New Britain's Beehive Bridge.

New Britain's Beehive Bridge.

The idea came to Erin Stewart shortly after she was elected mayor of New Britain in 2013. Decades earlier, downtown had been sliced in two by Route 72. Main Street now crossed over a highway, and the main downtown area was cut off from the ever-popular Little Poland section of town. The 265-foot bridge spanning the highway was an unsightly concrete overpass that was poorly lit, had narrow sidewalks and resounded with the roar of the passing cars below.

“Quite frankly it was just scary to walk over,” Stewart recalls. That’s why when she learned repairs were needed for the bridge, she began to envision something more.

Something better.

“I drew it on a napkin. I’m not kidding,” Stewart says of the first rough outline of what would ultimately become the Beehive Bridge.

In September, the city held a grand opening for the $7.4 million bridge. The city contributed more than $2 million toward its construction, with the rest of the funding coming from grants. It is a dramatic reimagining of a once-unattractive overpass. Inspired by the beehive theme of New Britain’s official seal, it features colorful translucent panels in a honeycomb pattern, as well as four stainless-steel honeybee sculptures and two pocket parks at the approach to the bridge. The panels light up at night, and the bridge has bike lanes and wider sidewalks than in the past.

The city has two main goals for the bridge, Stewart says. By cutting down on the noise from the highway and making it significantly more pedestrian and bicycle-friendly, it is designed to better connect the two sections of the downtown area. Second, the bridge, with its unusual design, will serve as a brightly colored beacon to the city’s quirk and character.

New Britain's Beehive Bridge.

New Britain's Beehive Bridge.

“Everything we work toward is changing the perception of the city of New Britain,” Stewart says. “This is certainly making the tens of thousands of people who drive by each day look up and say, ‘What is that up there? That’s New Britain. We may want to get off this exit and go up there and see what they have to offer.’ ”

That’s high expectations for a bridge, but it’s already accomplishing those goals, says Gerry Amodio, executive director of New Britain Downtown District. “This bridge gives New Britain an iconic structure,” he says. “Not only is it a link between two ends of Main Street, but two different cultures.”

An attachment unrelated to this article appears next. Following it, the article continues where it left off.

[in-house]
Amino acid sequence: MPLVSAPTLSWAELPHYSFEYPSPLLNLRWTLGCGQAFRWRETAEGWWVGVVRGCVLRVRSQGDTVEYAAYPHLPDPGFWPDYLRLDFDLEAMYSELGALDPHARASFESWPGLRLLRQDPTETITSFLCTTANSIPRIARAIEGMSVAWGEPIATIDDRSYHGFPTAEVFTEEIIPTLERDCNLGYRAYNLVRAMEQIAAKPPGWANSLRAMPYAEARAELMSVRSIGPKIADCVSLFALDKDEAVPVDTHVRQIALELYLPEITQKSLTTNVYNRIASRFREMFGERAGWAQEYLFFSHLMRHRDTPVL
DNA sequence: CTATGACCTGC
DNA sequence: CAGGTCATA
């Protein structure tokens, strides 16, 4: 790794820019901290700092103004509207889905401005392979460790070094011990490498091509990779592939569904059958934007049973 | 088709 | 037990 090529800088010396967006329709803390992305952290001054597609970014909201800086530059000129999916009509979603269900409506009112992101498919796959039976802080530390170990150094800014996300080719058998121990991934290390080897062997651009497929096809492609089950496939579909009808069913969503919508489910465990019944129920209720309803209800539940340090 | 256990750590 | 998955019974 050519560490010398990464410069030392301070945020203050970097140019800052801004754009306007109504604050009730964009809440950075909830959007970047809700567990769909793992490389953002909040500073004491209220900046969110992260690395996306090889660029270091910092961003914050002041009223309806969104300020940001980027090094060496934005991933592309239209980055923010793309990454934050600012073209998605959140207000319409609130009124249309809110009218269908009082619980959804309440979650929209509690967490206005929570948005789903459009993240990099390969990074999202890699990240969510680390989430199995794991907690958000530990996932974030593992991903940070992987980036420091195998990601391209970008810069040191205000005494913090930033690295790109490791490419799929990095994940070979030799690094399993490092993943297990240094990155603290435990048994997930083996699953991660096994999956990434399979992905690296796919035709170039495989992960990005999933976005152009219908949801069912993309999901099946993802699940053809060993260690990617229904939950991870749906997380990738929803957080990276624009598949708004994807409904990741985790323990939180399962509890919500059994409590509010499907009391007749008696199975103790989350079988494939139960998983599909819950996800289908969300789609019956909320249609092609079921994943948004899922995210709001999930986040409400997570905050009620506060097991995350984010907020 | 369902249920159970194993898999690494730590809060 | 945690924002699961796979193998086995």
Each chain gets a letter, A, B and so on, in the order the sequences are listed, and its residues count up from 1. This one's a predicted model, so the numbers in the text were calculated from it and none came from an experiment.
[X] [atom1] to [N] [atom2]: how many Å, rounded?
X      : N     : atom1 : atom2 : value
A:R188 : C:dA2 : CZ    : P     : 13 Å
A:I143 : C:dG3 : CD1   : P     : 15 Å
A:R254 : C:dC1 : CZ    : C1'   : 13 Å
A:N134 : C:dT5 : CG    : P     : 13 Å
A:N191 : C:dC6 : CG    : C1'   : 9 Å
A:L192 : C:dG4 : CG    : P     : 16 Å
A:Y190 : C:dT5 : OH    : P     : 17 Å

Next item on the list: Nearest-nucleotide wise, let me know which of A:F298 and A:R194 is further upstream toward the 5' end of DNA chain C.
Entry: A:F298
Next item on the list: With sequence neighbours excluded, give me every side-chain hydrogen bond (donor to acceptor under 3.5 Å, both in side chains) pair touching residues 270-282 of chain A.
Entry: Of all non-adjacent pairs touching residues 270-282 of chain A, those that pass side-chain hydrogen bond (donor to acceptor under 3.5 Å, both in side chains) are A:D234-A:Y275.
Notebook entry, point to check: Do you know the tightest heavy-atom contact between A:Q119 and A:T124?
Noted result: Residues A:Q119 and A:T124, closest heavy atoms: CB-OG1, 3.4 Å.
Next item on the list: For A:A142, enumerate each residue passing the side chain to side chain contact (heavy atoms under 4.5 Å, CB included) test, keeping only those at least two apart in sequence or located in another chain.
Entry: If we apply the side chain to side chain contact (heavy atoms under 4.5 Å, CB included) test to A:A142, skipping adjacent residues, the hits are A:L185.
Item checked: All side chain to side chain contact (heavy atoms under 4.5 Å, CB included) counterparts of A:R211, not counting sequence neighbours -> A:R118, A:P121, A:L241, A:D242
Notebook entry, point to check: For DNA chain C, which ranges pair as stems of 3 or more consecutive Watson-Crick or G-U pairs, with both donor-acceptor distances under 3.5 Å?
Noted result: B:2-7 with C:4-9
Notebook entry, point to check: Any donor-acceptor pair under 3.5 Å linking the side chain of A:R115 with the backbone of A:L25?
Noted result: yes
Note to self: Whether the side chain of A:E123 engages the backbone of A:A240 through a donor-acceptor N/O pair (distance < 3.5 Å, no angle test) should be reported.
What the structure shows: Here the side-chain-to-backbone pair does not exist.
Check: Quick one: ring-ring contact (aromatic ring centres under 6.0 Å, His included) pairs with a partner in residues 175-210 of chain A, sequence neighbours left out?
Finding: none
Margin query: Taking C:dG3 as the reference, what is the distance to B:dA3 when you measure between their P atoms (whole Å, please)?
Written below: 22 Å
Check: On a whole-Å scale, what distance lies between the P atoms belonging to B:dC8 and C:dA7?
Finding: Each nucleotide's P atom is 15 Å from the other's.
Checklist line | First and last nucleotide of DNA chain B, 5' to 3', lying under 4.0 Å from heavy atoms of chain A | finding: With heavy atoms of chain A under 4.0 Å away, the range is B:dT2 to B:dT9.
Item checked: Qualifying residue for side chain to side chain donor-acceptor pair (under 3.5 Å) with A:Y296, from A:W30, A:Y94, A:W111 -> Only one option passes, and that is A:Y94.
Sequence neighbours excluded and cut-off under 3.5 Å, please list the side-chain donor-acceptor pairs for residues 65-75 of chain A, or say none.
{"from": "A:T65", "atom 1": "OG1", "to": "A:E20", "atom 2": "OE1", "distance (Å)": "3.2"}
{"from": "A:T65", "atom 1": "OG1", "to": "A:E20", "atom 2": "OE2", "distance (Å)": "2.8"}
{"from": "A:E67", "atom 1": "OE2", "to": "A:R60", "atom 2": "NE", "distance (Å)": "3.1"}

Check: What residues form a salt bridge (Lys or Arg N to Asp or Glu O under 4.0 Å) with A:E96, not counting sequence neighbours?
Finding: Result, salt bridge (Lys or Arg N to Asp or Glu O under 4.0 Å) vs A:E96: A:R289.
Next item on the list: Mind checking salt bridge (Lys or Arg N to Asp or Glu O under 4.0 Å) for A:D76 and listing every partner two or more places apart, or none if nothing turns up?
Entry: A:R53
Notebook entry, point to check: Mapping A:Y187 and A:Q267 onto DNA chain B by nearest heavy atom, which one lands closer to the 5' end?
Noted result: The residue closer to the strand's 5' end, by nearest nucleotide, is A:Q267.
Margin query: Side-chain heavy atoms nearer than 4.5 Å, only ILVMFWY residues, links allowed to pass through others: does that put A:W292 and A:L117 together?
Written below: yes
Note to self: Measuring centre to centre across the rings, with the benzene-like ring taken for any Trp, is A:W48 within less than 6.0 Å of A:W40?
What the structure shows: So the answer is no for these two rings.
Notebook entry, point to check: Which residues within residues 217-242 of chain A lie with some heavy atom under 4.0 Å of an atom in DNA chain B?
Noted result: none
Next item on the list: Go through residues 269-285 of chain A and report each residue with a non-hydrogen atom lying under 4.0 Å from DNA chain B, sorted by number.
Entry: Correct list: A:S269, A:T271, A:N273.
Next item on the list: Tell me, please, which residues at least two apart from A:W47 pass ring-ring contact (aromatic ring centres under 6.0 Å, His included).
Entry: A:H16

When Route 72 was routed through New Britain in the 1960s, it not only split the downtown but eliminated 20 to 25 percent of the city’s downtown real estate, Amodio says. “It caused the relocation and closure of over 200 businesses. … It gutted downtown.”

Over the years there was talk of building a platform over the highway to reclaim some of that lost real estate, but no projects came together to address the problem until this bridge. “This is our consolation prize,” Amodio says. “We’ve already seen people come to downtown to see the bridge.”

Bees have long played a role in New Britain’s identity. Next to the beehive in the city seal is the motto “Industry fills the hive and enjoys the honey,” a nod to New Britain’s historic ties to industry. The Beehive Bridge builds on existing infrastructure improvements in the city and is next to the CTfastrak bus station. More pedestrian and bicyclist-friendly sidewalks will continue from the bridge down East Main Street, and Stewart says it has led to “increased interest from developers looking at property for sale around the bridge.”

The first phase of the Columbus Commons development is scheduled to open with 80 housing units this winter on the downtown side of the bridge.

Stewart hopes the bridge will help people realize “New Britain is a changing place.” She adds, “while we’ve not had the best reputation in the past, we have a lot to offer, a lot of cultural diversity, a lot of amazing restaurants and places to visit. We are home to a world-class American art museum [the New Britain Museum of American Art]. We are home to the Broad Street Little Poland neighborhood. There is so much that is unique about the city.”

Correction: The original version of this story misstated the location of Columbus Commons in relation the Beehive Bridge. It is on the downtown side of the bridge not the Little Poland side.

This article appeared in the December 2019 issue of Connecticut Magazine. You can subscribe here, or find the current issue on sale hereSign up for our newsletter to get the latest and greatest content from Connecticut Magazine delivered right to your inbox. Got a question or comment? Email editor@connecticutmag.com, or contact us on Facebook @connecticutmagazine or Twitter @connecticutmag.

The senior writer at Connecticut Magazine, Erik is the co-author of Penguin Random House’s “The Good Vices” and author of “Buzzed” and “Gillette Castle.” He is also an adjunct professor at WCSU’s MFA Program and Quinnipiac University